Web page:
Katayoun Alidadi (Max Planck): The Limits of State Law in the Case of an Organized Secular-Humanist Community in the Southern Bible Belt: Model Behaviour Shaping Self-Restrained Law Use. Village atheists, village idiots: Something has gone badly wrong with our atheists. From PUP, the introduction to Village Atheists: How America's Unbelievers Made Their Way in a Godly Nation by Leigh Eric Schmidt; and the introduction to American Prophets: Seven Religious Radicals and Their Struggle for Social and Political Justice by Albert J. Raboteau. Blaming the stranger: Brett C. Hoover on why parishes must resist the myth of the Latino threat.

Rens Crevits (Ghent): "I will be the greatest jobs president that God ever created": The God Strategy and the 2016 Primaries. Robert Jones on Donald Trump and the transformation of white evangelicals. Ellen Wayland-Smith on how Donald Trump's capitalist Christianity has old roots: It's a very American tradition. Is it possible to be both a Christian and a libertarian? Joseph Sunde interviews Jacqueline Isaacs and Elise Daniel, co-authors of Called to Freedom: Why You Can Be Christian and Libertarian.


William Bain (NUS): The Medieval Contribution to Modern International Relations. Soren Scholvin (Hanover): Geopolitics: An Overview of Concepts and Empirical Examples from International Relations. The first chapter from Power and International Relations: A Conceptual Approach by David A. Baldwin. Rajan Menon reviews Realpolitik: A History by John Bew. Where have all the big international relations theories gone? The problems of the world have not gotten smaller, but the theories to explain them seem diminished. The intellectual ghosts of the post-Cold War era: A generation later, U.S. foreign policy is still grappling with Fukuyama and Huntington. Elizabeth Radziszewski on how foreign policy has lost its creativity — design thinking is the answer. Is the "rules based order" worth keeping up? Sorry, folks — there is no rules-based world order.

From the Cato Institute, a special report on Our Foreign Policy Choices: Rethinking America's Global Role. Is a better world possible without U.S. military force? It's fiction to pretend that the most powerful nation can ever be truly "neutral" in foreign conflicts. Is U.S. power really so special? Syria provokes an American anxiety. What is America without influence? Trump will find out. The myth of American retreat: William Ruger reviews Retreat and Its Consequences: American Foreign Policy and the Problem of World Order by Robert J. Lieber. Matthew Fay on Obama, Trump, and Jacksonian foreign policy. Ed Kilgore on Trump and the George Wallace tradition of foreign policy. When humanitarianism became imperialism: Gregory Afinogenov on how the failed politics of "humanitarian intervention" were born in 1980s Afghanistan.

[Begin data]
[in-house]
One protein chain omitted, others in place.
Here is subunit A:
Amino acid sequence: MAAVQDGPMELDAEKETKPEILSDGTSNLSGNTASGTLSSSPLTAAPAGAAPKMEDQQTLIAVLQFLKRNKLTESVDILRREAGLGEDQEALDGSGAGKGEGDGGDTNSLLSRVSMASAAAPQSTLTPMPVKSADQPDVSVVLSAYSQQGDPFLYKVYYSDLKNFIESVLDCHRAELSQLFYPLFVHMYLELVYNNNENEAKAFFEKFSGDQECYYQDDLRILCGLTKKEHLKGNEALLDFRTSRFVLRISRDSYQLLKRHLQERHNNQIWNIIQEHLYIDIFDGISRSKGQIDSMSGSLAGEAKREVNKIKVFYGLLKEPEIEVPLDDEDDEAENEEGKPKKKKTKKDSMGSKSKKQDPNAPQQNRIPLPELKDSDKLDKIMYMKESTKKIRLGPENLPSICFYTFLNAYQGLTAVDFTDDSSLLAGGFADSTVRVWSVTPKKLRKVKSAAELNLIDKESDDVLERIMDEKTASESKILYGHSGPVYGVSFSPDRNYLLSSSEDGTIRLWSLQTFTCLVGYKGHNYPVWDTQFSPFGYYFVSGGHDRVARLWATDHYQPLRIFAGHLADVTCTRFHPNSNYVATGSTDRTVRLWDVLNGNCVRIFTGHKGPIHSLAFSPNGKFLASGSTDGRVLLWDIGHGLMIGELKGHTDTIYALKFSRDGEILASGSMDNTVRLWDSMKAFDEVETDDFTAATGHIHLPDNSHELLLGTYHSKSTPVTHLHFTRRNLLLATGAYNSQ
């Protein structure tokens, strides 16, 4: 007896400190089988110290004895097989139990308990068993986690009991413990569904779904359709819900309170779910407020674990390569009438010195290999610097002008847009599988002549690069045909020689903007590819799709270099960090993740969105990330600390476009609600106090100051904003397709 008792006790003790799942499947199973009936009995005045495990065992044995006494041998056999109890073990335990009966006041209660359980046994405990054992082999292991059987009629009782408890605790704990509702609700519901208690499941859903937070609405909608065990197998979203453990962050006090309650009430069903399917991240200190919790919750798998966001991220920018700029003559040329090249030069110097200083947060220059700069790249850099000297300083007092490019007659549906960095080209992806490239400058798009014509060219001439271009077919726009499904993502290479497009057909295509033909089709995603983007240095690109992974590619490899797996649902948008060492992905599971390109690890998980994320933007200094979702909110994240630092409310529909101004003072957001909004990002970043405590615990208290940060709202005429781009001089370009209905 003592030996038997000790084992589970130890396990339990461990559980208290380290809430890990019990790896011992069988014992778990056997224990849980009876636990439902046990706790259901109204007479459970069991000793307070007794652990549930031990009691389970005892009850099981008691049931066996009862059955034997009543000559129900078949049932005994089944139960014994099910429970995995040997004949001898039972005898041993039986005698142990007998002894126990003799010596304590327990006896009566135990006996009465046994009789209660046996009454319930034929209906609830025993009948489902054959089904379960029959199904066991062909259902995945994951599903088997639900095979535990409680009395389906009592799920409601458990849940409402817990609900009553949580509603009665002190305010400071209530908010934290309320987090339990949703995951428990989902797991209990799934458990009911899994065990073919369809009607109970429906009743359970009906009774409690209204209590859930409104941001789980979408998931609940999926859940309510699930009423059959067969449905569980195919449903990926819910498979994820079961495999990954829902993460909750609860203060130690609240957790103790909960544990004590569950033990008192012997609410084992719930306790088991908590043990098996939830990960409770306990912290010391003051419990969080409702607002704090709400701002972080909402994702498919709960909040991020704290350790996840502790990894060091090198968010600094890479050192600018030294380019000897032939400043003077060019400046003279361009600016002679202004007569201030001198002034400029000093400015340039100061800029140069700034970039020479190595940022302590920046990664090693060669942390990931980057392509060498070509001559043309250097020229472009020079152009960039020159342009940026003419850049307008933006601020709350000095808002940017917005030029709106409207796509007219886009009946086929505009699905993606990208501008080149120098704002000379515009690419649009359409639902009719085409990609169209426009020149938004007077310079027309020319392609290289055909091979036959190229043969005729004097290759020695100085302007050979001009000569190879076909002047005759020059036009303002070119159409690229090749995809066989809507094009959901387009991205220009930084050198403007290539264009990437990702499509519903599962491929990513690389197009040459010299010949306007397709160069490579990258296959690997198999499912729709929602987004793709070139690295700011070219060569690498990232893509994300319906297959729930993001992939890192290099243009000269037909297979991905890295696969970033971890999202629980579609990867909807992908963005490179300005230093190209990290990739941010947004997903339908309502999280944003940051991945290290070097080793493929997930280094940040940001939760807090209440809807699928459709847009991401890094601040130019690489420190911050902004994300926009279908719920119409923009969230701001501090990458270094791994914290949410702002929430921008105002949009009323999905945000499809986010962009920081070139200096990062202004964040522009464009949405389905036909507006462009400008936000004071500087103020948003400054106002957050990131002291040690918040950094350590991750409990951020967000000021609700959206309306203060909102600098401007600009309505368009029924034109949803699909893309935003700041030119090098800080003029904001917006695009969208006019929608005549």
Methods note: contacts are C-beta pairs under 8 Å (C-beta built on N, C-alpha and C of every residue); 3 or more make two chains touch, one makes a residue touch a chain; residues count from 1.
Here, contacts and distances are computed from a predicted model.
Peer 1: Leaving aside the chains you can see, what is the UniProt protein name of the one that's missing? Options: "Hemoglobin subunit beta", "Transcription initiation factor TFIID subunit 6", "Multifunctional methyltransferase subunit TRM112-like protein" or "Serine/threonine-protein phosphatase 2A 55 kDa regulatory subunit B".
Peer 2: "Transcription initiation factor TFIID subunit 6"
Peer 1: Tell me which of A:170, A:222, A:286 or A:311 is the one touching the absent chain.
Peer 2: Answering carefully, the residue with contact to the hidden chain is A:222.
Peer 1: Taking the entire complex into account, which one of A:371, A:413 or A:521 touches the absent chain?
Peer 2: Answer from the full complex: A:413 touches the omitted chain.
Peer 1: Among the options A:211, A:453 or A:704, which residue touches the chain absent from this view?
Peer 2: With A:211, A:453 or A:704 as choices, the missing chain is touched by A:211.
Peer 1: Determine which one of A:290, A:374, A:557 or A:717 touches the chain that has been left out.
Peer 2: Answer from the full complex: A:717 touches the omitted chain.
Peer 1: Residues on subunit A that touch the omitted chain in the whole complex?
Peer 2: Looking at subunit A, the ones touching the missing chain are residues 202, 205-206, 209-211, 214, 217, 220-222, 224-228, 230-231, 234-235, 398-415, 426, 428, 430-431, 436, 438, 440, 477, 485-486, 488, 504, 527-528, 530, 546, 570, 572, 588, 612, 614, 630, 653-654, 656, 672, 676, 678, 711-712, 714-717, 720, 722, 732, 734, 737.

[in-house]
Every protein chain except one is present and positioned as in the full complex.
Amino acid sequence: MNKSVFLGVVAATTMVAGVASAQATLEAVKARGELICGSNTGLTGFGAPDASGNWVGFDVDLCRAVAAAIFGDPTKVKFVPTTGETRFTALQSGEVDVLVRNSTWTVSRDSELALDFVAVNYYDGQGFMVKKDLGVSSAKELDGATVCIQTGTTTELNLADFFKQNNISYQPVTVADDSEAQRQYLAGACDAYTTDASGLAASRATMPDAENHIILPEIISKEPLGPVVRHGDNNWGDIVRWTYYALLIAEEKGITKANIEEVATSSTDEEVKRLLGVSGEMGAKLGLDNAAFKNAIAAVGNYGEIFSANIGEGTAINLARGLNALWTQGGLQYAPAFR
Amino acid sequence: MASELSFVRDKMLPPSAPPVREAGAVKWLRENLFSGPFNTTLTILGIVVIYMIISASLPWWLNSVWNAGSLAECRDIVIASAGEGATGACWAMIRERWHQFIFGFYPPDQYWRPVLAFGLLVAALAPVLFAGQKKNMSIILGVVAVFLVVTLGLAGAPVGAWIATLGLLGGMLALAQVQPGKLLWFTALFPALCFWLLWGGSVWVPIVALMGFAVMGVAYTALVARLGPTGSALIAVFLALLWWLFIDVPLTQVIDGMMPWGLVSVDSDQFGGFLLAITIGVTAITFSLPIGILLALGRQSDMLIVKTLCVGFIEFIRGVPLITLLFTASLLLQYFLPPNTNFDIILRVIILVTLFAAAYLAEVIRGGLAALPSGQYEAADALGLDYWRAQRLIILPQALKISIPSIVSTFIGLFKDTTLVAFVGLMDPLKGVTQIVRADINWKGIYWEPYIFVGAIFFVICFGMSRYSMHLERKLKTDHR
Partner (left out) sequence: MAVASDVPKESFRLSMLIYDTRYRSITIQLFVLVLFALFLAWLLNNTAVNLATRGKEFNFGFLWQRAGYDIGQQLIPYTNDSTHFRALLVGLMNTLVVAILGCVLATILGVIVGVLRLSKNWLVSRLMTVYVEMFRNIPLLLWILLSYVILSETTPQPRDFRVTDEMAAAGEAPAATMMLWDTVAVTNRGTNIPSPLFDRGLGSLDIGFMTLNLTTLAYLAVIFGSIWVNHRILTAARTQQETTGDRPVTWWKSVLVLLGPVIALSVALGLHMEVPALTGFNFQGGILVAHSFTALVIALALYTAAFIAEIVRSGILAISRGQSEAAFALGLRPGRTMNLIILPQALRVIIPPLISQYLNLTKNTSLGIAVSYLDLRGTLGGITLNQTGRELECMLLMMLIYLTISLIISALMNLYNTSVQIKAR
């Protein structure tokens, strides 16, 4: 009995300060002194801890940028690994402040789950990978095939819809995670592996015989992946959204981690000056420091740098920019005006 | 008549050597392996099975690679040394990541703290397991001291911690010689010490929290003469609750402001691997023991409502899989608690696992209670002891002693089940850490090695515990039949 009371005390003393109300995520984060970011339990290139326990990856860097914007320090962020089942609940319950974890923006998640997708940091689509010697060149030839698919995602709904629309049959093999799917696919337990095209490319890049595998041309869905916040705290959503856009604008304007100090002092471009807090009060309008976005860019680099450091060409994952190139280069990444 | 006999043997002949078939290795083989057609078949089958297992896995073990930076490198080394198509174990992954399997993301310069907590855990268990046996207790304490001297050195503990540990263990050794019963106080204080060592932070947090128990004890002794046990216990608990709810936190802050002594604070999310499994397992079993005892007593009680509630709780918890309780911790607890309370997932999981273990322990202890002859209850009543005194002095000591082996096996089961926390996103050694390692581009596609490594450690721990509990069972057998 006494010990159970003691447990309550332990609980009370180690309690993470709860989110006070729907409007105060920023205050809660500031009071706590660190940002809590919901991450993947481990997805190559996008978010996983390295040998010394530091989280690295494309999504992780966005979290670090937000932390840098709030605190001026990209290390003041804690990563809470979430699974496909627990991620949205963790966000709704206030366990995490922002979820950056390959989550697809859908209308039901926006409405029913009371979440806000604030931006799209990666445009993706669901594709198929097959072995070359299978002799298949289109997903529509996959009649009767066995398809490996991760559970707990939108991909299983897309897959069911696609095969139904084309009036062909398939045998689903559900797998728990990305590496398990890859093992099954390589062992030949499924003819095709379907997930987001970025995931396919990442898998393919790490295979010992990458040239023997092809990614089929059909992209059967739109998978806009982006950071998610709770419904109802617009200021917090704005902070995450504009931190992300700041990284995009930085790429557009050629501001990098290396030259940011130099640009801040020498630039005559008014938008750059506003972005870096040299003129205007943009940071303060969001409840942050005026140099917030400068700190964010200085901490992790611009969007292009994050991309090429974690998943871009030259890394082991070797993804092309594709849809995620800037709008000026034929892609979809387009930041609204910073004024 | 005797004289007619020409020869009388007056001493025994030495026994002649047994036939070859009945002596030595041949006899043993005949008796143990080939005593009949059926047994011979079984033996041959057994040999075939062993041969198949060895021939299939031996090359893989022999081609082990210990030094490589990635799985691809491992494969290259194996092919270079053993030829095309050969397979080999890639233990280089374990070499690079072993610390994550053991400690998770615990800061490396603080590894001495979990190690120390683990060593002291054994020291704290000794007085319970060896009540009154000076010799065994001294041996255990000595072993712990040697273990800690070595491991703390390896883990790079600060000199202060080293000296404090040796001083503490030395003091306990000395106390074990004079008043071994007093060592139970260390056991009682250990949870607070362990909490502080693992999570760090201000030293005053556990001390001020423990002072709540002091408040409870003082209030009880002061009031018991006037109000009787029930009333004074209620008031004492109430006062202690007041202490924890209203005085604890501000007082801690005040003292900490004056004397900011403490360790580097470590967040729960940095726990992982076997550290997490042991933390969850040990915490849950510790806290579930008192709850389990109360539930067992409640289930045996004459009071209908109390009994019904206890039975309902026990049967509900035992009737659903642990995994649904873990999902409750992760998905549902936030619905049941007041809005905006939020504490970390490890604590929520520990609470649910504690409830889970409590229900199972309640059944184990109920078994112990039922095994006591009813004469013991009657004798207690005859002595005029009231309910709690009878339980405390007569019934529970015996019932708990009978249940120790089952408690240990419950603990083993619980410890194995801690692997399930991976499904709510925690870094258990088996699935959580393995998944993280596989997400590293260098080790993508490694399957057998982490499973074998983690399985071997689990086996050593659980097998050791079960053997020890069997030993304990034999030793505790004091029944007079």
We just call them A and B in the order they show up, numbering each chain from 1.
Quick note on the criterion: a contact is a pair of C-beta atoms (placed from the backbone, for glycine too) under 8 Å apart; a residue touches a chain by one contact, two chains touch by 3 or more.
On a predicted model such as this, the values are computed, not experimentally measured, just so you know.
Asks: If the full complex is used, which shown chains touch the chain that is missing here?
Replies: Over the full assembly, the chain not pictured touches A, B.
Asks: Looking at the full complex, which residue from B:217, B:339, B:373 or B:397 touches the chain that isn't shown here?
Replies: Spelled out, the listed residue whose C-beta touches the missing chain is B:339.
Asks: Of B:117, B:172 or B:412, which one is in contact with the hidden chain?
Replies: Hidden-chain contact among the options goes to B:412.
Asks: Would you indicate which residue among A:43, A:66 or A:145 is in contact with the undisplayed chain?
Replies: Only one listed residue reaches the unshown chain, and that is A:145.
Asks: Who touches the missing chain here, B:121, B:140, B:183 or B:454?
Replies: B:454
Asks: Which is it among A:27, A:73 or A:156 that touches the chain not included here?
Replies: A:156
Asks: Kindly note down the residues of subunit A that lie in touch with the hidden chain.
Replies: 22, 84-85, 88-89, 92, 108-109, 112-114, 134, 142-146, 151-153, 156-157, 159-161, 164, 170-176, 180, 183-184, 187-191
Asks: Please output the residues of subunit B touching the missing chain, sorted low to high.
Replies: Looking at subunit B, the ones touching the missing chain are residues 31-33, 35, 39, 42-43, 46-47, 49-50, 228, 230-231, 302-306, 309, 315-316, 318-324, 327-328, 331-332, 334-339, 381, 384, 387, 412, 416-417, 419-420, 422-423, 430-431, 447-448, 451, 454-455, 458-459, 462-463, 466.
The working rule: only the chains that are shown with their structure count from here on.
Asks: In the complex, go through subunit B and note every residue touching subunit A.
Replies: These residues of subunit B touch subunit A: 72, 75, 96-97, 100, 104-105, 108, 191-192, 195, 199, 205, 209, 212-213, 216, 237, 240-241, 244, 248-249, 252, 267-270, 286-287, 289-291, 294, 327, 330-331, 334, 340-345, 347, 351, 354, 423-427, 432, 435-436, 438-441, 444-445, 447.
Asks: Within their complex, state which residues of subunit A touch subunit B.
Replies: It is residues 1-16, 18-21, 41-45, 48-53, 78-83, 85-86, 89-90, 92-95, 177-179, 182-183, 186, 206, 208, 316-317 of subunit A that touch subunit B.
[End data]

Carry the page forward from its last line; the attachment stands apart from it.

Remember the "Thucydides Trap"'? The Chinese do; Trump clearly does not. As Trump tweets, China quietly weighs options to retaliate. Trump is inflaming U.S.-China relations — that's bad news. Trump's tweets are a threat to our national security: His lies are a problem, but his belligerence is worse — it could start a war. From NYRB, a review essay on Russia, NATO, and Trump by Robert Cottrell. Matthew Yglesias on 9 questions about Russia you were too embarrassed to ask. U.S. foreign policy toward Russia might change under Trump — but there's a deeper change that's coming. From the CAP, a special report on Trump's worrisome ties to Russia. Trump is not playing 3-dimensional chess with the Russians and Chinese — he's being played.

Donald Trump's post-Cold War vision of U.S. foreign policy: "The day of the chess player is over", the businessman once wrote. Donald Trump embraces the risky "Madman Theory" on foreign policy. Eight questions about Donald Trump's decision-making in a foreign policy crisis. When daily intelligence briefings prevented a nuclear war: Before he does away with the ritual, Trump should consider what happened in 1962, when JFK made sure he knew as much as his generals did. Yes, Donald Trump is making terrorist attacks more likely: By framing the war with ISIS in explicitly religious, them-against-us rhetoric, he's playing right into the extremists' hands.


Alexandros Schismenos (Ioannina): The Ontological Revolution: On the Phenomenology of the Internet. Eight (completely plausible) alternate histories of the Internet. Why study the Internet? Claire Potter on an introduction. The great masterpiece of human civilization: It's the Internet, argues Virginia Heffernan in Magic and Loss: The Internet as Art. The Internet is broken — starting from scratch, here's how to fix it. Maybe the Internet isn't a fantastic tool for democracy after all. In 2016, the trolls finally escaped the Internet: Trolls used to be largely harmless online troublemakers — now they're in power. How a Trump administration could shape the Internet. Will Donald Trump dismantle the Internet as we know it? Tech meets Trump: Silicon Valley won't make political statements because it has always been part of the military-industrial complex. Bruce Schneider on his priorities for the next four years.